Insolvency in South African law refers to a status of diminished legal capacity (capitis diminutio) imposed by the courts on persons who are unable to pay their debts, or (which amounts to the same thing) whose liabilities exceed their assets. The insolvent’s diminished legal capacity entails deprivation of certain of his important legal capacities and rights, in the interests of protecting other persons, primarily the general body of existing creditors, but also prospective creditors. Insolvency is also of benefit to the insolvent, in that it grants him relief in certain respects.

In broad and everyday terms, a person is insolvent when he is unable to pay his debts. In legal terms, however, the test for insolvency is whether or not the debtor’s liabilities, fairly estimated, exceed his assets, fairly valued. Inability to pay debts is, at most, merely evidence, and in itself, of insolvency.

A person who has insufficient assets to discharge his liabilities, although he satisfies the test for insolvency, is not treated as insolvent for legal purposes unless his estate has been sequestrated by an order of court. A sequestration order is a formal declaration that a debtor is insolvent. The order is granted either at the instance of the debtor himself (voluntary surrender) or at the instance of one or more of the debtor’s creditors (compulsory sequestration).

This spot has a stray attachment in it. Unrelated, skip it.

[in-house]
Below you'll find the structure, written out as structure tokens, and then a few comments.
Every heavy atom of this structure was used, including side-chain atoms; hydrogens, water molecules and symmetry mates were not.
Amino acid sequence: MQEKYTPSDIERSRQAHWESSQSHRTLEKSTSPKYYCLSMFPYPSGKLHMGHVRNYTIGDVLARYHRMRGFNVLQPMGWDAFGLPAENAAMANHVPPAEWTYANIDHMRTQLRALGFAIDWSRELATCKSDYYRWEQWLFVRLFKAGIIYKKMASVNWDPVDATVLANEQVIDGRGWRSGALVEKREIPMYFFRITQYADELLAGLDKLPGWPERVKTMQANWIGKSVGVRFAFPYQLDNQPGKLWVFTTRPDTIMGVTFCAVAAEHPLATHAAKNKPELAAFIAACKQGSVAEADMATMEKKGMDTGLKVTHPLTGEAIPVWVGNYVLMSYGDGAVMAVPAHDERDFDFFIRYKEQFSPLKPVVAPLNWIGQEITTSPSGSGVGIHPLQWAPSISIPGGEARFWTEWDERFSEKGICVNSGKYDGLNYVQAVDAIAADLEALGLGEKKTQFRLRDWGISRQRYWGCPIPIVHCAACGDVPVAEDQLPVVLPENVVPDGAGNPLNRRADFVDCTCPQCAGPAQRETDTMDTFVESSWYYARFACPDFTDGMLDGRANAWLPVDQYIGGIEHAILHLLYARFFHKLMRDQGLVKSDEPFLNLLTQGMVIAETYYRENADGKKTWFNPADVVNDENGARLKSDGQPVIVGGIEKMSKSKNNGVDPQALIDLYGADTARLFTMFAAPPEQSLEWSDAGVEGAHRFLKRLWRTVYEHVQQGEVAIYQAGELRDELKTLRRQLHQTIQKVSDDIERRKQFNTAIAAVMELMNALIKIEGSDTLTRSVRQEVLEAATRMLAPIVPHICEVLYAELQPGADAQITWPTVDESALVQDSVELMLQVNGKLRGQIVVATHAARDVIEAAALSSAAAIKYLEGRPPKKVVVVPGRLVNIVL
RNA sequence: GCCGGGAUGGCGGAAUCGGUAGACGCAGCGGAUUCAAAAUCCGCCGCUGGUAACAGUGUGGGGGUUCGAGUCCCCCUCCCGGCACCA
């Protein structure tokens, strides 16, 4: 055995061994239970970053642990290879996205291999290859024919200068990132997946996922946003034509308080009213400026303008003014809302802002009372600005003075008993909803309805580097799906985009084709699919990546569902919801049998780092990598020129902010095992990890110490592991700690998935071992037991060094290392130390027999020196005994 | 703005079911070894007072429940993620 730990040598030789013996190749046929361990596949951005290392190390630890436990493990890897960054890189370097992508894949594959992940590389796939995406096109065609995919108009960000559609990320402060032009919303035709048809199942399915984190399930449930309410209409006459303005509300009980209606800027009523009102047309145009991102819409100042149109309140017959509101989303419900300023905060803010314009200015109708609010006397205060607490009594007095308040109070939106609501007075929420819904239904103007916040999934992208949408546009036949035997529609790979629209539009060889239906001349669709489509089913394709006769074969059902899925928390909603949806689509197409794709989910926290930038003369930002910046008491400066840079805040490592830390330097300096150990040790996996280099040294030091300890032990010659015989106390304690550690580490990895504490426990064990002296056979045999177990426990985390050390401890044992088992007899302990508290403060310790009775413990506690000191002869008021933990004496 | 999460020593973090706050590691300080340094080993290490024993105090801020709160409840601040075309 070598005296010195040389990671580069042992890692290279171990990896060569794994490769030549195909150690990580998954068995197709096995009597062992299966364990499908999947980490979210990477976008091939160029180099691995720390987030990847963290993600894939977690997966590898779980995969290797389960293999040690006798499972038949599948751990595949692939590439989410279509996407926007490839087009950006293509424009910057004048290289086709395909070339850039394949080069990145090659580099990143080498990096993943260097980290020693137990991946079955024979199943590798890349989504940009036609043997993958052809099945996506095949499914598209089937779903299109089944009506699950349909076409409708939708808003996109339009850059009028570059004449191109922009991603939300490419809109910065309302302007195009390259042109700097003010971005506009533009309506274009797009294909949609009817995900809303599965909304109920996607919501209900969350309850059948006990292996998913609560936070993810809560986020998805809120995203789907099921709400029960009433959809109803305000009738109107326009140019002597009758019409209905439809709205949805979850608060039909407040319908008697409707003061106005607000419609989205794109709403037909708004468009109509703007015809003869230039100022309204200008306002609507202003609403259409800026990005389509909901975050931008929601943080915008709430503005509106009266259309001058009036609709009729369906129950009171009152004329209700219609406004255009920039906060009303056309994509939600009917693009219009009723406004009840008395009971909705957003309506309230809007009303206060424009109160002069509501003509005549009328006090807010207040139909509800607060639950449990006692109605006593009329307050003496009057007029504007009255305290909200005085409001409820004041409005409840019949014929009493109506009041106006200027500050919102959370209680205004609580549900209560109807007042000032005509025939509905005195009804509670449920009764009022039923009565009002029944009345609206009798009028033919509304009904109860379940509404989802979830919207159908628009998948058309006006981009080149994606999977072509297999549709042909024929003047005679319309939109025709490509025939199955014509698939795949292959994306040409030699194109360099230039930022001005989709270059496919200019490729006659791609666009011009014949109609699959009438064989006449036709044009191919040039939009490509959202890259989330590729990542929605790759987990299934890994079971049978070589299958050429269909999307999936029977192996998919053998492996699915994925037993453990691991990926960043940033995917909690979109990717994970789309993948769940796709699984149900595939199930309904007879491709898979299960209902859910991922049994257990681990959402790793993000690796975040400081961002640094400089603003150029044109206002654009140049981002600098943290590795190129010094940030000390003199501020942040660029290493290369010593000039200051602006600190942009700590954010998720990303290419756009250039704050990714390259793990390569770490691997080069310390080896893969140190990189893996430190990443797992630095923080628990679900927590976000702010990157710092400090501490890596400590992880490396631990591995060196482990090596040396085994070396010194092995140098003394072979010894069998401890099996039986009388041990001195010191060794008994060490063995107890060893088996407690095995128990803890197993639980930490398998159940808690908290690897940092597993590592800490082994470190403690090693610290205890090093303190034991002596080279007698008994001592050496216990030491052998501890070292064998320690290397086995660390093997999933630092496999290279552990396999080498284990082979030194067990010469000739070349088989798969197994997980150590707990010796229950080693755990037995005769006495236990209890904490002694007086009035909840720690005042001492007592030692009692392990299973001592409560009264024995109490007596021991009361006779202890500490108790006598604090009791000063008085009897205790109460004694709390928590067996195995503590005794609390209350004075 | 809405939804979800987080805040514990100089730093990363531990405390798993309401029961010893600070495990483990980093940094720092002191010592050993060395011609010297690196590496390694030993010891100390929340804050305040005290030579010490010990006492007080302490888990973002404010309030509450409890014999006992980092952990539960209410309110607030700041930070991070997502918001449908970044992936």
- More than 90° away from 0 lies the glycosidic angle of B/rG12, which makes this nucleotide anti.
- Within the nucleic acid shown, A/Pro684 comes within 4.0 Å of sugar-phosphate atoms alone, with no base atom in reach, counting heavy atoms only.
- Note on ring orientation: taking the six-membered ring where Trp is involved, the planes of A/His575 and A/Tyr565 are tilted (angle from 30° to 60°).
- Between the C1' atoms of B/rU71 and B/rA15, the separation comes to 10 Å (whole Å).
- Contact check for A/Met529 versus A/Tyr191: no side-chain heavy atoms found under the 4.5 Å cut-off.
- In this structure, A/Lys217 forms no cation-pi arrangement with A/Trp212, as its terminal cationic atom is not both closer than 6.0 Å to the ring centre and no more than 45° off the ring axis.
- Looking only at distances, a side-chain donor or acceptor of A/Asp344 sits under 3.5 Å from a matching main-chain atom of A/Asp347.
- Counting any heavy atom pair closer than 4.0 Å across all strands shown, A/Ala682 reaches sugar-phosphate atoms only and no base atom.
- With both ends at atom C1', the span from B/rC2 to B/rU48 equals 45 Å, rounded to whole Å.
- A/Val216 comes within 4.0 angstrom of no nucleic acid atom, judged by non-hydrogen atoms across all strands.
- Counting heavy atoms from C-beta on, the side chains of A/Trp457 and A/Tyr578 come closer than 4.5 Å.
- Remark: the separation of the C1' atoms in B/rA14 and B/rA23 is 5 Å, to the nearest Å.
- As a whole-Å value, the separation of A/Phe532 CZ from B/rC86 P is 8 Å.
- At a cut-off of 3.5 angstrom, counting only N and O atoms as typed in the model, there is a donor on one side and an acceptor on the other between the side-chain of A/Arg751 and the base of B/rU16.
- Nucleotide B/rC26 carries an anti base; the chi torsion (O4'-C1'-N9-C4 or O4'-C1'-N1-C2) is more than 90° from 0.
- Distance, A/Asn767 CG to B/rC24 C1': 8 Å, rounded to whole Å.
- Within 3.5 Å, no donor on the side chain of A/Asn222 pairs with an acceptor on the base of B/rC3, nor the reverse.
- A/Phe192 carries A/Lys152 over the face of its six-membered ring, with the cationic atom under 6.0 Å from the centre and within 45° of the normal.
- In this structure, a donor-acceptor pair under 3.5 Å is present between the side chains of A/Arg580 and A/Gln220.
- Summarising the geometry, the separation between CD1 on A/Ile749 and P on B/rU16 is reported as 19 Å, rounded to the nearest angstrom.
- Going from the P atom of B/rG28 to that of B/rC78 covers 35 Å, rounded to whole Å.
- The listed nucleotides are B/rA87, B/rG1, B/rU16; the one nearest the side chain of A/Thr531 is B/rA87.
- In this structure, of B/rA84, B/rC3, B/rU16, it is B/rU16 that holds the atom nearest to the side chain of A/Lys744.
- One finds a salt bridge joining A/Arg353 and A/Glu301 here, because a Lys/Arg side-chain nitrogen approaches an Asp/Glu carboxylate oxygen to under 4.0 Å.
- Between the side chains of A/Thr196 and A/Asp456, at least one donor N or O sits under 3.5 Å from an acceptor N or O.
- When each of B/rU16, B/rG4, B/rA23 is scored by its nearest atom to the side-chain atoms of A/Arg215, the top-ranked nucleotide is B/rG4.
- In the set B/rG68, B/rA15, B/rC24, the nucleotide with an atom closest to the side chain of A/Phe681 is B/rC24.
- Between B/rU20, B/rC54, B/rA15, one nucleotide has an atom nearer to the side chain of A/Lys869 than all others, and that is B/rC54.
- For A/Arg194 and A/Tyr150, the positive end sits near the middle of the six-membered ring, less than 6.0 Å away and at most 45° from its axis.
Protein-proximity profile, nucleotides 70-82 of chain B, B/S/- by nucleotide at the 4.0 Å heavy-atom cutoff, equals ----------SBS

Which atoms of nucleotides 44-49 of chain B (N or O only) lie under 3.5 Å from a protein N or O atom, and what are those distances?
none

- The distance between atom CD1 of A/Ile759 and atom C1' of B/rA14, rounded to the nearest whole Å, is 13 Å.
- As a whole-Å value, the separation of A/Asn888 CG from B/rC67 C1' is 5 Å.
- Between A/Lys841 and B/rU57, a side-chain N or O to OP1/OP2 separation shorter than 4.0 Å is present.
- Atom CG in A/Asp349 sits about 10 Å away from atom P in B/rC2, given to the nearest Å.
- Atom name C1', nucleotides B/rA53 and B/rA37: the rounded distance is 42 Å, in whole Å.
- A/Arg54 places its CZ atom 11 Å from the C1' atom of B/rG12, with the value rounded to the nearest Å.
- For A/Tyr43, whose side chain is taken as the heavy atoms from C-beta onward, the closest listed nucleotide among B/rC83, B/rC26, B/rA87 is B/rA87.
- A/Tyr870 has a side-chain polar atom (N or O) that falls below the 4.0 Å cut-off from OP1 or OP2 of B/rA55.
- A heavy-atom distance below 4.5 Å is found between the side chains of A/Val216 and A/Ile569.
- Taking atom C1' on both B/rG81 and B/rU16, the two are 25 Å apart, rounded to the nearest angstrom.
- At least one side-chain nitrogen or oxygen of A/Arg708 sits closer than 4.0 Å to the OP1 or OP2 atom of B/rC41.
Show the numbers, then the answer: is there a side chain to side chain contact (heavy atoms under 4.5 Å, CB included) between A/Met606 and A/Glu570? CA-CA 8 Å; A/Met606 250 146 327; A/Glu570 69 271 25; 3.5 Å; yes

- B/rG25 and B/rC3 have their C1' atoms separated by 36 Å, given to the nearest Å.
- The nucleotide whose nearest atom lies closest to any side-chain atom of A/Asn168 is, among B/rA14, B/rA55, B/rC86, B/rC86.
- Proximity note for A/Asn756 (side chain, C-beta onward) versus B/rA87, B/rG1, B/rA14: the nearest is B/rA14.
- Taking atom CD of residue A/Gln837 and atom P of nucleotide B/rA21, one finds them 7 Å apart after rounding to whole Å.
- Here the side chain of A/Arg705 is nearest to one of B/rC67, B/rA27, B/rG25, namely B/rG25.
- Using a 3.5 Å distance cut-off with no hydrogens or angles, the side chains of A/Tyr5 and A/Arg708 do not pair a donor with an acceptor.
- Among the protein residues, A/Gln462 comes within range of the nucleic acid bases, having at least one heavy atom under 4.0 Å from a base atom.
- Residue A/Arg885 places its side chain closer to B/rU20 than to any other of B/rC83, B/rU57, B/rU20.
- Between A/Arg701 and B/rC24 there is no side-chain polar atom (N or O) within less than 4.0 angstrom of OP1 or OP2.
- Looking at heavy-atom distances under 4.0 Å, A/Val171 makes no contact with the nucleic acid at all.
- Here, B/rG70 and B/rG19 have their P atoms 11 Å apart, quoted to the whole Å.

The term “sequestration” should be used only with reference to a person’s estate. It is the debtor’s estate that is sequestrated, not the debtor himself. On the other by, both the debtor’s estate and the debtor himself may properly be described as insolvent.

When the word “insolvent” is used to describe a debtor, it carries two possible meanings—either

  1. that the debtor’s estate has been sequestrated; or
  2. that his liabilities exceed his assets.

The notion of “becoming insolvent,” therefore, has a wider meaning than “being sequestrated.”